Song: To Celia by Ben Jonson: Summary & Analysis

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Lesson Transcript
Instructor: Joshua Wimmer

Joshua holds a master's degree in Latin and has taught a variety of Classical literature and language courses.

It's probably not a love song you'd sing to your sweetheart today, but 'Song: To Celia' was once a chart-topper! Come explore this antique love song by Ben Jonson, and uncover its even more ancient roots in this lesson.

'Song: To Celia' by Ben Jonson

Have you ever turned the lyrics of a love song into a letter for your sweetheart? It turns out that when Ben Jonson wrote his 'Song: To Celia' around 1616, he did just the opposite, actually turning an ancient love letter into a song. Jonson's 'Song: To Celia' is definitely no 'Freebird,' though, so taking it all in won't take nearly as long. Let's take a moment to read through it in its entirety.

Drink to me only with thine eyes,
And I will pledge with mine;
Or leave a kiss but in the cup,
And I'll not look for wine.
The thirst that from the soul doth rise
Doth ask a drink divine;
But might I of Jove's nectar sup,
I would not change for thine.
I sent thee late a rosy wreath,
Not so much honouring thee
As giving it a hope, that there
It could not withered be.
But thou thereon didst only breathe,
And sent'st it back to me;
Since when it grows, and smells, I swear,
Not of itself, but thee.

Analyzing Jonson's 'Song: To Celia': Enduring Flattery

Have you ever heard someone say 'Imitation is the sincerest form of flattery?' While you might find it extremely annoying when your little brother or sister does it, mimicking others is common practice in the world of literature - where it's viewed as not only gratifying, but also necessary. Take for instance Ben Jonson's 'Song: To Celia,' which is often identified by its first line: 'Drink to me only with thine eyes.' This line is actually simply a word-for-word translation of a line from one of the letters of the 3rd-century Greek author Philostratus. And, the similarities don't stop there.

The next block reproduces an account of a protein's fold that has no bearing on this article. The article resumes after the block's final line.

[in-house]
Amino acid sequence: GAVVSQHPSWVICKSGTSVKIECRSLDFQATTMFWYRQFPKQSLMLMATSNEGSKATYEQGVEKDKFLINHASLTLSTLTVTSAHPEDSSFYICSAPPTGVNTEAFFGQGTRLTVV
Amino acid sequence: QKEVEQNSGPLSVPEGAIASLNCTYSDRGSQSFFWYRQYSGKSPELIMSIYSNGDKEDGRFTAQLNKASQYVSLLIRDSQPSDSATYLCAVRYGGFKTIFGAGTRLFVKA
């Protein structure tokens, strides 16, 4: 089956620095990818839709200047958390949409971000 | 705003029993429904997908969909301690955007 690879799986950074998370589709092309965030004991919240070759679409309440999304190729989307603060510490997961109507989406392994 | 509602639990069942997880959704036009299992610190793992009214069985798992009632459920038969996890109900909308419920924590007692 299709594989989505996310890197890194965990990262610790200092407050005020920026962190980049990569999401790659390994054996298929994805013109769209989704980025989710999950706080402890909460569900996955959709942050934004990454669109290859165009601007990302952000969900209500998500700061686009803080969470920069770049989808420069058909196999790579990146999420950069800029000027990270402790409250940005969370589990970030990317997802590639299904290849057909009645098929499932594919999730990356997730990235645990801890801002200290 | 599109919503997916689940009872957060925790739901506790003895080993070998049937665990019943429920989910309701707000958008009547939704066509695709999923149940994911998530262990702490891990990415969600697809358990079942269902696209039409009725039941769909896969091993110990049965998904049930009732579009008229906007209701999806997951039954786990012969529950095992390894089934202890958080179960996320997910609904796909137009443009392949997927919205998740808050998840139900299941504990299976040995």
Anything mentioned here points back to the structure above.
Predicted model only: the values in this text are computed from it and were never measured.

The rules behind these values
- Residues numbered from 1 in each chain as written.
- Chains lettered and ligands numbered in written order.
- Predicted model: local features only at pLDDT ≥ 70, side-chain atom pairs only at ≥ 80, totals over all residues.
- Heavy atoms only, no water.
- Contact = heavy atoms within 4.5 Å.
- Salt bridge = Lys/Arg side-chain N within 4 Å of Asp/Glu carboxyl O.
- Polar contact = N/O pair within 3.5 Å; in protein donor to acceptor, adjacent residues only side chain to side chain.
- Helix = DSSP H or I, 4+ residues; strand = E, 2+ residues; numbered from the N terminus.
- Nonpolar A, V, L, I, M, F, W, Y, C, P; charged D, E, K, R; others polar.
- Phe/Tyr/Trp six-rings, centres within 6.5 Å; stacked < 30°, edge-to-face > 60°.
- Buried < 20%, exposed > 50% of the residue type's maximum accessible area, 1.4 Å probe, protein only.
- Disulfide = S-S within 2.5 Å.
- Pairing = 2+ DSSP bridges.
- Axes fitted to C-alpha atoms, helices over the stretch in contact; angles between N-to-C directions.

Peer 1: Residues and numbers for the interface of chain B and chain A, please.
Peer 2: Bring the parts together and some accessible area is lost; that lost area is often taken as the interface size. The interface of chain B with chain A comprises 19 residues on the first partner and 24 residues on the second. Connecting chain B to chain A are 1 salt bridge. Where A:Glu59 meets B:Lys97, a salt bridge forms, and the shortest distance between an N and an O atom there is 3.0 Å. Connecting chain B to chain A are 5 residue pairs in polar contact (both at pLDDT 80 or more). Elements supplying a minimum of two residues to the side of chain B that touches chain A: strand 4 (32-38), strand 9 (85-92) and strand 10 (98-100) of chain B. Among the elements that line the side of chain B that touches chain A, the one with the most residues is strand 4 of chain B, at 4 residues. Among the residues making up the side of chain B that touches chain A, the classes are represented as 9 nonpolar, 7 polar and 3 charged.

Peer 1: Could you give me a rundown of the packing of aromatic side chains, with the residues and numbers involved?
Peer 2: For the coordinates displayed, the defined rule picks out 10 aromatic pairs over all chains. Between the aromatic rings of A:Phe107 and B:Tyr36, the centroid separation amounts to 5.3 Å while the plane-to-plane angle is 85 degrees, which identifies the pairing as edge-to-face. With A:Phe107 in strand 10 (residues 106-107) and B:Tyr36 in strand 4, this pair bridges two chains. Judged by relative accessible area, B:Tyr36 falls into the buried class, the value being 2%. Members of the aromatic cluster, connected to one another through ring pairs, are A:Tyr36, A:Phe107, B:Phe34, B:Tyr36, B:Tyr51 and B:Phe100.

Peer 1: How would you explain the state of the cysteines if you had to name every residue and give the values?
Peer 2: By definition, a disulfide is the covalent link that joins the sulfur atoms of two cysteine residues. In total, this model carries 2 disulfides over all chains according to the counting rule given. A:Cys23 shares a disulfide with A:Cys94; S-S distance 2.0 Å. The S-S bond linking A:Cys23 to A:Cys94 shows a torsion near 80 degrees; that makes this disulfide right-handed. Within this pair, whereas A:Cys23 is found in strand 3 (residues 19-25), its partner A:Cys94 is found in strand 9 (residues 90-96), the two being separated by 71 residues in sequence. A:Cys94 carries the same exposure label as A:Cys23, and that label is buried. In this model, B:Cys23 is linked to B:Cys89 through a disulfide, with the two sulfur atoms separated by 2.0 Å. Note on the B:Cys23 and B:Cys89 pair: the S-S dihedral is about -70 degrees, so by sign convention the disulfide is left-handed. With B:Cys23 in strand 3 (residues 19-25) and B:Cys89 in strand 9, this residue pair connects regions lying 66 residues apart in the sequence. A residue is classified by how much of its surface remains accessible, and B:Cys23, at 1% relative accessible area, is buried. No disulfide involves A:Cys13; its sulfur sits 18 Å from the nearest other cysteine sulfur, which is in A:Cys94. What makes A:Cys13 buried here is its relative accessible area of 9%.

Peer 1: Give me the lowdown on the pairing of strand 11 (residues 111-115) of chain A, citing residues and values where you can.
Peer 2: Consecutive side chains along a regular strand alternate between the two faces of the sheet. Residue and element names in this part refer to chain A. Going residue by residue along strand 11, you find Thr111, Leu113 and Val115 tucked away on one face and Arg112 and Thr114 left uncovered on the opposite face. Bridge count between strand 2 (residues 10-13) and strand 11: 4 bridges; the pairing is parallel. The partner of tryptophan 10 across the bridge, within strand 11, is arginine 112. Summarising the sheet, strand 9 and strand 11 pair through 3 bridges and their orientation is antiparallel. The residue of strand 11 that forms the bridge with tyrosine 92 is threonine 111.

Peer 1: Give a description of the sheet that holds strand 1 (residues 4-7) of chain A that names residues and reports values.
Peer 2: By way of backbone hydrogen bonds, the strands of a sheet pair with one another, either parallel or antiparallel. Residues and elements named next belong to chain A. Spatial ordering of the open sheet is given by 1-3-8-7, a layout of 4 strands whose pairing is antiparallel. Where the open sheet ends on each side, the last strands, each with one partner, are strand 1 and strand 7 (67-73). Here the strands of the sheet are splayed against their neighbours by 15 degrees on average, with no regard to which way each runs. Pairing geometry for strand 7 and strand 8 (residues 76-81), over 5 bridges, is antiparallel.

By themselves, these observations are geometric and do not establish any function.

Analyzing Jonson's 'Song: To Celia': Wine And Roses

In fact, many of the sentiments and images Philostratus includes in his erotic love letter are used by Jonson in his 'Song: To Celia.' For example, Jonson employs two different allegories in the poem's two stanzas: one involving wine; the other, roses. This framing structure that Jonson uses closely resembles Philostratus' closing line, 'Because, that way, no one is without love like someone still longing for the grace of Dionysus while among the grapevines of Aphrodite.' Using symbolic representations of the Greek god of wine (Dionysus) and the goddess of love (Aphrodite), Jonson not only repurposes Philostratus' imagery, but also reflects his predecessor's sentiment concerning his own sweetheart: no other divine, intoxicating presence (wine/Dionysus) is needed where she is around.

The poetic narrator's initial rejection of the wine is also very similar to some thoughts expressed by Philostratus in his letter. The Greek author asks of his beloved: 'And, if you would, do not gulp down the wine; instead, pouring in only water and bringing it to your lips, fill the cup with kisses and this way give (them) to those in need' (a.k.a. him). Jonson writes: 'Or leave a kiss but in the cup, / And I'll not look for wine,' claiming that the 'thirst' of his soul demands a 'drink divine.' However, he also claims that, even if he were able to partake of the nectar drunk by the king of the gods, he would still pass it up for her.

Of course, Philostratus also relies on divine authority to glorify his lover, saying '…drink to me with your eyes alone, of which even Zeus (Jove) insisted to give his cupbearer a taste.' What both men are saying then, is that even such a supreme being would give up his own pleasures if he knew what it was like to enjoy their ladies' company and affection.

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